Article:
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Players of the Decade: Per-Game Scoring

Here are the first six parts of my series on the decade that was:

Teams of the Decade: Regular Season Wins

Teams of the Decade: Shooting and PDO

Players of the Decade: Games Played, Goals, Assists, Points

Players of the Decade: +/- and PIMs

Players of the Decade: Shots on Goal

Players of the Decade: Ice Time

Looking at the leaders in any given statistic over the course of a decade is sometimes a bit unsatisfying - after all, you've selected 10 arbitrary years, which shuts out players who were born too early or too late or missed a bit of time due to injury. So I thought a look at rate statistics was in order.

Here are the leaders in goals scored per 82 games:

Ovechkin 56.1
Bure 53.0
Kovalchuk 45.3
Heatley 42.5
Jagr 40.4
Iginla 40.2
Crosby 39.0
Malkin 38.0
Hossa 37.6
Palffy 37.4

Ziggy Palffy makes a lot of these per-game lists, but he seems largely forgotten, partly due to injuries that kept him out of the lineup a lot after age 25, and partly due to his odd attitude - he left the Penguins in his first season with a team that would very soon be successful. He's back on track in Slovakia these days, and it's a reminder of what kind of career he could have had in the NHL.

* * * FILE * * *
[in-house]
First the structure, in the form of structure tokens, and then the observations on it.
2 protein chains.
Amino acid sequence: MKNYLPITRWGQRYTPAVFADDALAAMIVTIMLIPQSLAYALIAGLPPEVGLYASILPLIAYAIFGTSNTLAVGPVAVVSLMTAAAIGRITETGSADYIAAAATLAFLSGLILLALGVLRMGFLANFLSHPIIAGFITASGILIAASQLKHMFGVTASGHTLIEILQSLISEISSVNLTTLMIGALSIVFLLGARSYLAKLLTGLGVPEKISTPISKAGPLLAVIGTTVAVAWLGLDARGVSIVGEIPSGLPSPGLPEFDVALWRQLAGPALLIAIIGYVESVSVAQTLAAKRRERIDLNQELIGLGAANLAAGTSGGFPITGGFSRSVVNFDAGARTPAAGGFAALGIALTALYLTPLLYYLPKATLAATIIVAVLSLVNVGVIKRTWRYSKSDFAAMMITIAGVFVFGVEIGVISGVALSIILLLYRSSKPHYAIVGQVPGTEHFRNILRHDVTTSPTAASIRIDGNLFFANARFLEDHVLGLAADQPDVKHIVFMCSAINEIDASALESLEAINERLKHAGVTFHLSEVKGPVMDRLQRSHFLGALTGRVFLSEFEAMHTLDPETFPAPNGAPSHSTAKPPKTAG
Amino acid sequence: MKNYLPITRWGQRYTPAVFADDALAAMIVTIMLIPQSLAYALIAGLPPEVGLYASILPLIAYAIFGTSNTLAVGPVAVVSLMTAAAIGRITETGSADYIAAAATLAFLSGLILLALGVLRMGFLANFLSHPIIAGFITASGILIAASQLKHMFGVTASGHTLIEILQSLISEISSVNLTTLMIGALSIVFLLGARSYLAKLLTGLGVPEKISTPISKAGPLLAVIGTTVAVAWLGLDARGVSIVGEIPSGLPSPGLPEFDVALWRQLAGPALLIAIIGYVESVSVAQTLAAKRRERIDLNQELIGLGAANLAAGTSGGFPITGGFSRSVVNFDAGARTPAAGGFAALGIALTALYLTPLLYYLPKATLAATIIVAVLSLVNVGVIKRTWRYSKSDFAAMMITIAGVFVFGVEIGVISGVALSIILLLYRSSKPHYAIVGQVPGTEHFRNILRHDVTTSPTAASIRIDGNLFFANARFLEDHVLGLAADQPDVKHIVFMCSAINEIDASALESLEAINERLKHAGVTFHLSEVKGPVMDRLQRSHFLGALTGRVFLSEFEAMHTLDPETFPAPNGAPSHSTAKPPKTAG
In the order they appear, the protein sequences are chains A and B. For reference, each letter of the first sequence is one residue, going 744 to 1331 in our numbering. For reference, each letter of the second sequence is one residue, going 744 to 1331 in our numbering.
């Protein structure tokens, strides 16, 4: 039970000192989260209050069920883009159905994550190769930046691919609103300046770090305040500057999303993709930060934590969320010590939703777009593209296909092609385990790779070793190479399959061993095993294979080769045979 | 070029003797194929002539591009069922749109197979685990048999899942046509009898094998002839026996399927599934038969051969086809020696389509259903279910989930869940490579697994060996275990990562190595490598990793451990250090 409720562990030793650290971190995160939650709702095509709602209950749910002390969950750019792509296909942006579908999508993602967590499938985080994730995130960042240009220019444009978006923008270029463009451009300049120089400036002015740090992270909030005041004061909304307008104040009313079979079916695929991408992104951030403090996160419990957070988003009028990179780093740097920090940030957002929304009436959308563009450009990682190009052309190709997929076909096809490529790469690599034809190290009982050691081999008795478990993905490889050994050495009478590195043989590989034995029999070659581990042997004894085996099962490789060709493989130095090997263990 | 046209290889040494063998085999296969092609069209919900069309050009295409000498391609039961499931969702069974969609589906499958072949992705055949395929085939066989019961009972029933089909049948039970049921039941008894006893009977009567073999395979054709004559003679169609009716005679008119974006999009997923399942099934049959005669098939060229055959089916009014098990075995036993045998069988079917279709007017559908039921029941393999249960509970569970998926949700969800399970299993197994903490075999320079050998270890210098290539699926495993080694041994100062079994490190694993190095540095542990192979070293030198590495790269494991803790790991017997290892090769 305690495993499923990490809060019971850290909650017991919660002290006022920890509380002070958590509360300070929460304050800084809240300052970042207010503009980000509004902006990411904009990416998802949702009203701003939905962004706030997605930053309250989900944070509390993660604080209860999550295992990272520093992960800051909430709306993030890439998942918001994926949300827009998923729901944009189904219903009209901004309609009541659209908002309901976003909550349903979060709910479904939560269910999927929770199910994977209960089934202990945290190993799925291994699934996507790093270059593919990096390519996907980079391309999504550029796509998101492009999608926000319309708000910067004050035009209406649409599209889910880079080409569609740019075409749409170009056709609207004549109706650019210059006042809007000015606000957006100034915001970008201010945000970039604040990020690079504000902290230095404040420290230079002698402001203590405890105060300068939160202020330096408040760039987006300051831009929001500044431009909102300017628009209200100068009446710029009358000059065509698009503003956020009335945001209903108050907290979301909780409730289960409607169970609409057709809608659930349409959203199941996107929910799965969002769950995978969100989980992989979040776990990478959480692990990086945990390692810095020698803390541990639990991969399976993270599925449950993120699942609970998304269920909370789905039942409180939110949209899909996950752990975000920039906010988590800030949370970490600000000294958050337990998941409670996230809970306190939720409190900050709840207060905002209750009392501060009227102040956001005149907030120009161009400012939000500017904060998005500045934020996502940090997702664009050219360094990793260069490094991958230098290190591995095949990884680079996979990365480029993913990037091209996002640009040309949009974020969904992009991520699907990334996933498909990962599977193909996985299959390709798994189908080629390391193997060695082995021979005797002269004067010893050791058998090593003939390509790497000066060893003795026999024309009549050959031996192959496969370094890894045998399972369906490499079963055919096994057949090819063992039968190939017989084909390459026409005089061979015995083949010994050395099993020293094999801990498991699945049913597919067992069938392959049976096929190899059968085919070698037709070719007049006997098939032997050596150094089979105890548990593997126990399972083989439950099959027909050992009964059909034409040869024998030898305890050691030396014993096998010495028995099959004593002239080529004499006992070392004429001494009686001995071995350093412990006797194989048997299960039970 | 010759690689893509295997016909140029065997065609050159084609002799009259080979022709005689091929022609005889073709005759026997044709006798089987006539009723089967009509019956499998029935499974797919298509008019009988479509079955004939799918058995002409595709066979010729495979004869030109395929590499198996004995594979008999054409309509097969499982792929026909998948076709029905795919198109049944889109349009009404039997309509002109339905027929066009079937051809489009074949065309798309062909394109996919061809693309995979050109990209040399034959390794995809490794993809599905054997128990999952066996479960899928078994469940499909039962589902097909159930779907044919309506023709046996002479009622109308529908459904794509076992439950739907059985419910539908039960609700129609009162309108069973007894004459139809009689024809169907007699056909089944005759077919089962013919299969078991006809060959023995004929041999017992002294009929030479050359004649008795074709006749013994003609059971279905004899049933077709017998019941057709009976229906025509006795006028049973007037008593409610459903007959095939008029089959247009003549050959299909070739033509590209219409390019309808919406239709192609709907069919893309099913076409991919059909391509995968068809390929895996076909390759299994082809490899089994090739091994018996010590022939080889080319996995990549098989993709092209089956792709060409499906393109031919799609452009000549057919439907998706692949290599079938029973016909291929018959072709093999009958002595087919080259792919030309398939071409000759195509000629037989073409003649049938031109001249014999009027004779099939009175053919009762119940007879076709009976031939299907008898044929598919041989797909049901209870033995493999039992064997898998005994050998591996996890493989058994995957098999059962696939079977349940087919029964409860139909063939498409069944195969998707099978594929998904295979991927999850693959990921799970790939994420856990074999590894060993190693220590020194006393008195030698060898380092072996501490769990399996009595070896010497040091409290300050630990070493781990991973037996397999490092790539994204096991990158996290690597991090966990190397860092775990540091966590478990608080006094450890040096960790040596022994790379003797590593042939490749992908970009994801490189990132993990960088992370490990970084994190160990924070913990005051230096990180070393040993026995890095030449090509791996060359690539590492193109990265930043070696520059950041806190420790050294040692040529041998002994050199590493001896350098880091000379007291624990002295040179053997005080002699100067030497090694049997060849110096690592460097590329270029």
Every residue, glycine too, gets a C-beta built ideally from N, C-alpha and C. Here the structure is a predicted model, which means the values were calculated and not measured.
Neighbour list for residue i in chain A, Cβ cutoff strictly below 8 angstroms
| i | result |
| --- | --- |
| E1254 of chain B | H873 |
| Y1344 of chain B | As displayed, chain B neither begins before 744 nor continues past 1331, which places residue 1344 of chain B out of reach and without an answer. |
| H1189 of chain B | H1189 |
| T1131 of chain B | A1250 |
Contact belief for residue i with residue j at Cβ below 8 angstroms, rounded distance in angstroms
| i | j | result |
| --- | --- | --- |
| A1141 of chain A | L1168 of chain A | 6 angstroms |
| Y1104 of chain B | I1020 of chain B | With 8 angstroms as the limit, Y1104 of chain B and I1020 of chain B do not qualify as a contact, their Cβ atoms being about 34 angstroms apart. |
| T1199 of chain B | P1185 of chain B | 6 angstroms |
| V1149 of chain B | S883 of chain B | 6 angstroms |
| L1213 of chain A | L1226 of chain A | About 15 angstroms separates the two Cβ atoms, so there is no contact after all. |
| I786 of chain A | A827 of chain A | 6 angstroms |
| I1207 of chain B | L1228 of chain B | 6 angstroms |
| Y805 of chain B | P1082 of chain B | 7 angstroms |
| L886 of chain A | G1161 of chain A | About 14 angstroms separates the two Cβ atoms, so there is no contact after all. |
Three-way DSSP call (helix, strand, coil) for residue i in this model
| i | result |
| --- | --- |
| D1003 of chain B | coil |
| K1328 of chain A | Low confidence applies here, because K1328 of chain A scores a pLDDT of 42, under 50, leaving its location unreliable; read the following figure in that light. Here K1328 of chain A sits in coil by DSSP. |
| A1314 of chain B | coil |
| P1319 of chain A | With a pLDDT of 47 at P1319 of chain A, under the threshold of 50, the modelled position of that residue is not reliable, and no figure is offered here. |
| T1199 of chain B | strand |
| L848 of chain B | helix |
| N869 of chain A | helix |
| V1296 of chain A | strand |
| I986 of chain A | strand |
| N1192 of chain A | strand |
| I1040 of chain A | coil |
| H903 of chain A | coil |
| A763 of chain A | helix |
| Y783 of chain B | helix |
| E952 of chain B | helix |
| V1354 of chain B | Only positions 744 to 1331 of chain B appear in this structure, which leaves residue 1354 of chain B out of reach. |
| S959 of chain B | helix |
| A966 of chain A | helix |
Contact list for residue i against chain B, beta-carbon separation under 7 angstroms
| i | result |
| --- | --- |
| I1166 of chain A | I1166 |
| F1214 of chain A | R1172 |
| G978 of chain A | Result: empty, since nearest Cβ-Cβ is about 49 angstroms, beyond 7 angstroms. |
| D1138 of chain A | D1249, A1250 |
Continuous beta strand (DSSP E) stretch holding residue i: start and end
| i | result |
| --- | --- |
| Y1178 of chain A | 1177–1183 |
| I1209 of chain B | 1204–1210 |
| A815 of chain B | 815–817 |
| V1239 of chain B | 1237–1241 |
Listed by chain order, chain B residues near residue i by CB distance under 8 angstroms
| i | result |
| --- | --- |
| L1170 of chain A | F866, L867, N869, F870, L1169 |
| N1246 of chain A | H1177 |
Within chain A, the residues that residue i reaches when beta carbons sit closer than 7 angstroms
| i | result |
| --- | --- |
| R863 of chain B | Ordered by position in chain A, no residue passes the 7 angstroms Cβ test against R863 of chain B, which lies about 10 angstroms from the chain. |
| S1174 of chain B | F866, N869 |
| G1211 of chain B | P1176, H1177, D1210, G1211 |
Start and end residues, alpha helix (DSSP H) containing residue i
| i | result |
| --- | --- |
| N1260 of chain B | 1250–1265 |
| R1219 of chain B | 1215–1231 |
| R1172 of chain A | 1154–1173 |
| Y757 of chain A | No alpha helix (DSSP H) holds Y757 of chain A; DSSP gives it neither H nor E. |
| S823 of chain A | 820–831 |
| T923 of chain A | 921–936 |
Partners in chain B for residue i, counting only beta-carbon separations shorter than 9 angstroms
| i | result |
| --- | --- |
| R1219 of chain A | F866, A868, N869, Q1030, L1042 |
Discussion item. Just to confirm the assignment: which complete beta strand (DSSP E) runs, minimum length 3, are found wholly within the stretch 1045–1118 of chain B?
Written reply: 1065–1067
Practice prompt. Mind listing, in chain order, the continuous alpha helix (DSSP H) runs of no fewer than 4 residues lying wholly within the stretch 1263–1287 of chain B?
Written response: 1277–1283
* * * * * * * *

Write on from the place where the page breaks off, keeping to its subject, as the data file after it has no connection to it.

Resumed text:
Moving on to assists...

Sidney Crosby was leading this list before the season started, but an increased focus on goal-scoring has pushed him down below the two retired leaders:

Forsberg 73.4
Lemieux 73.3
Crosby 72.1
Thornton 65.5
Malkin 64.7
Backstrom 61.4
Jagr 58.5
Sakic 57.7
Allison 56.9
Datsyuk 54.2

Jason Allison is another player who was surprisingly productive but ultimately forgotten due to injuries and an initial retirement at Age 27. Putting it all together:

Crosby 112.3
Lemieux 110.5
Ovechkin 106.3
Malkin 103.0
Forsberg 100.8
Jagr 98.9
Thornton 93.0
Sakic 92.6
Bure 88.9
Palffy 88.7

It's always strange for me to think that Crosby has drawn so much flak in his short career. He's been a dominant offensive player playing against the other teams' top lines. His path to the Stanley Cup was two years shorter than Wayne Gretzky's. He led the league in scoring when he was 19. I suppose things could be worse: he could have *actually* done something wrong!

I've said this before: one day we'll have to explain to our grandchildren why the three-best baseball players in the 80s, 90s and 00s were Barry Bonds, Roger Clemens and Alex Rodriguez and yet everybody hated them. Explaining why Crosby wasn't universally-loved will be just as tough.